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Easter Food & Wine Pairing

last updated: 12 March 2024
3 minute read time

With an early Easter just around the corner this year, it’s definitely time to start thinking about what you’ll be serving your Easter feast. It’s important to keep in mind that it could be quite warm so keep your ideas flexible and remember, the best food and wine pairing is the one you enjoy the most – regardless of any ‘rules’!

Canapés and Seafood

I’ve bundled these together because quite often they work in similar ways when it comes to wine pairing. Canapés are traditionally served with a sparkling wine – the wine’s high acidity in particular will cut through the richness of your bite-size morsels, from oysters to smoked salmon to charcuterie. Choose a dry sparkling wine, ensure it’s well-chilled and you’re good to go.

The sparkling wine will also work well if you’re serving seafood at any point during the meal. The flavour profile of non-vintage sparklings is typically light enough to not overwhelm a delicate piece of fish and again, the acidity works incredibly well against the richness of a prawn cocktail sauce.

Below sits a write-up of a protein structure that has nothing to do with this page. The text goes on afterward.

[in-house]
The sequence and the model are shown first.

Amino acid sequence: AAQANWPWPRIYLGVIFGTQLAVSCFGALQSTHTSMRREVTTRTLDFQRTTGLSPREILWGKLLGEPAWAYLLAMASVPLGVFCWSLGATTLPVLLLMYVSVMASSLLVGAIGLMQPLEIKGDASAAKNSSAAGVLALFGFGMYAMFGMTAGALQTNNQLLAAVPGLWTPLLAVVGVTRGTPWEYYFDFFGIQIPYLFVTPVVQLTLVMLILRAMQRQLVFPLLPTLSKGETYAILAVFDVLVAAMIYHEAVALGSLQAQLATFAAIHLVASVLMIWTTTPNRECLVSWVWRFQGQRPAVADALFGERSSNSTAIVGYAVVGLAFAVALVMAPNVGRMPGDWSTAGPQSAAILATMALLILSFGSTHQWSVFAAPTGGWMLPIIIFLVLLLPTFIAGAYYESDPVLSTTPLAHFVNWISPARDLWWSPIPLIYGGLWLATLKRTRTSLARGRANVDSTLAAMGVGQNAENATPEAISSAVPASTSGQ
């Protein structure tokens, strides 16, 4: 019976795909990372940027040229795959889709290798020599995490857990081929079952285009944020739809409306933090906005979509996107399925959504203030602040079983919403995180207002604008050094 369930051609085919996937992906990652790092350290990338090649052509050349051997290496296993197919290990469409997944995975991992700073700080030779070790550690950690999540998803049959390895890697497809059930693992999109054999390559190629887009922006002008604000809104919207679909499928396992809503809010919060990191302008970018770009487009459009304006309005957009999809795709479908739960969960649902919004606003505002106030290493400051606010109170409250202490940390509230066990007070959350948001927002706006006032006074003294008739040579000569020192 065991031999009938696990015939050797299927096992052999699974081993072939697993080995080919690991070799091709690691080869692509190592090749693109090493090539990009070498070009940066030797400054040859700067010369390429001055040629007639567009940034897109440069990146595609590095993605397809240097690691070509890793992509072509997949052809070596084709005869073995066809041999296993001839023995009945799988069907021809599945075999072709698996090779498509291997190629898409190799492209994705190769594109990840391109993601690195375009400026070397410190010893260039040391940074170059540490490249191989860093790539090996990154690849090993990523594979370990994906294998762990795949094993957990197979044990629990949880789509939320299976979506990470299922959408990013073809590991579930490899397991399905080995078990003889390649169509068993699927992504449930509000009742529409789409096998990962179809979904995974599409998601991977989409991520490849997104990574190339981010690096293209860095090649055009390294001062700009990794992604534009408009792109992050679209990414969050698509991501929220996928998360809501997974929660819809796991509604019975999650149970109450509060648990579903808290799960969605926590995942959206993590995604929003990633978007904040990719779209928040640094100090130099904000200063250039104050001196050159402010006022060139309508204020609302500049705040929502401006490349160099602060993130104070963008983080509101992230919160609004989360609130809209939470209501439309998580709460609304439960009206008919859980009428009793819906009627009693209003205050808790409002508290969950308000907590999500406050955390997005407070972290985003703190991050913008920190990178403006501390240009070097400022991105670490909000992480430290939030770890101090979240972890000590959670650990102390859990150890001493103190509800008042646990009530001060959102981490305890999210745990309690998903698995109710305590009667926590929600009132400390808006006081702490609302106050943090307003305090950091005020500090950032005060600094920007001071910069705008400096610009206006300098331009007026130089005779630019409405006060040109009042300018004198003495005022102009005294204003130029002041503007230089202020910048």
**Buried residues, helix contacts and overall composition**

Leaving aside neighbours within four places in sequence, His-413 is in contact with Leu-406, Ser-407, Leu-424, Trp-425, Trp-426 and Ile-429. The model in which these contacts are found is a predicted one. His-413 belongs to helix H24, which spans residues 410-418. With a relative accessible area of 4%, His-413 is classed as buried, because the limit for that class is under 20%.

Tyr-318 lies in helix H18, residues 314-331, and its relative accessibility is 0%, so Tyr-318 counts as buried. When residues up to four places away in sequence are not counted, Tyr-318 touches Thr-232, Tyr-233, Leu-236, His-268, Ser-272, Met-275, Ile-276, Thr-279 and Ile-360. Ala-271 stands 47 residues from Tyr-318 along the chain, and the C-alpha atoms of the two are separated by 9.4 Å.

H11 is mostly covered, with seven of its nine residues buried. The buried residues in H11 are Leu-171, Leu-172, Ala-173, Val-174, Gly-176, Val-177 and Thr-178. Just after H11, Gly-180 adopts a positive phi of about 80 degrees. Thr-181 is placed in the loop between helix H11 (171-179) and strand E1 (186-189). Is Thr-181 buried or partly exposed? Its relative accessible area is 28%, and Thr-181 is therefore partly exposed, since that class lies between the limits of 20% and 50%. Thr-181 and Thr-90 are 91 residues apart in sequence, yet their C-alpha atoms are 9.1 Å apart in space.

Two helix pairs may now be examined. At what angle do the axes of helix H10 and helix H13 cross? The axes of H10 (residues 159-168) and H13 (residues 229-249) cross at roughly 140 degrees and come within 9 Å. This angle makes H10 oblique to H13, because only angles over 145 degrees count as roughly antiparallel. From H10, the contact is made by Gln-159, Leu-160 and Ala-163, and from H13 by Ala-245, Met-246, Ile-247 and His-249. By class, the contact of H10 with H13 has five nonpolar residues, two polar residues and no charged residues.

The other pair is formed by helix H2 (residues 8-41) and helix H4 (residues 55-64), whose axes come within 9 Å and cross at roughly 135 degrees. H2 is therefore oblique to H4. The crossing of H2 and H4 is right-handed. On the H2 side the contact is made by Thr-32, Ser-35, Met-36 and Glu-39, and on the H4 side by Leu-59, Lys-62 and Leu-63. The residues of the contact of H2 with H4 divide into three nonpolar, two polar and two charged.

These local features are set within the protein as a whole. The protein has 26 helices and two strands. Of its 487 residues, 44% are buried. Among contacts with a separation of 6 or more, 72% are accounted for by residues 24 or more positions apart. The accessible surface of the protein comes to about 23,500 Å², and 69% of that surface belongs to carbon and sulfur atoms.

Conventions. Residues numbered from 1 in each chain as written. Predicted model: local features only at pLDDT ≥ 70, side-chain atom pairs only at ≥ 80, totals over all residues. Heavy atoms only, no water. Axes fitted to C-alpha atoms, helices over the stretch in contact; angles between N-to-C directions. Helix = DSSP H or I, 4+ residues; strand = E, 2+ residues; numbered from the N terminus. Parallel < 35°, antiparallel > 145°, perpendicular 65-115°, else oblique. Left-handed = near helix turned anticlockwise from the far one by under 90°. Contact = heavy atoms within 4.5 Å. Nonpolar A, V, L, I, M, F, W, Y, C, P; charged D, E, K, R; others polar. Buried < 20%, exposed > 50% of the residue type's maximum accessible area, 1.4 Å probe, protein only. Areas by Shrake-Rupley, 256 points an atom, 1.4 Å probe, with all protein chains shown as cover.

More robust fish, perhaps cured salmon or tuna, will work well with a high acid white wine such as Riesling or Sauvignon Blanc and, if you have die-hard red wine drinkers to please, opt for a lighter red, such as Beaujolais or a fresh, young Pinot Noir. If it’s a warm day, don’t be afraid to pop these wines in the fridge for half an hour before serving.


Many people serve lamb at Easter in which case a very safe pairing is a Cabernet Sauvignon – it has great acidity to cut through the lamb fat, it has plenty of bold flavours to stand up to however you’ve cooked the lamb (the char from the BBQ, the rosemary, the garlic and so on) and the fruitiness of the wine will be a great contrast to the savoury flavours on your plate.

If you’re going with a ham for your centrepiece, consider Shiraz as a great option. One from a cooler climate will have more peppery notes to it which will work well with the smokiness of the meat. For white wine lovers, a Riesling is a great choice here.


Typically the trickiest part of the meal to pair with wine, because the sweetness of the food will swamp all but the sweetest of wines. If you’re serving a lighter, less sweet, dessert, such as fruit salad or a colomba, then a sweet sparkling wine, such as a Moscato, is a brilliant choice. As the flavours and sweetness ramp up (pavlova, anyone?), you need to up your sweet wine – start looking to botrytised wines, such as Sauternes, or even fortified wines, such as Port (which is a great choice if your dessert features chocolate).

These are just guidelines … if you want to drink sparkling wine the entire way through your meal, I most certainly will not argue with you!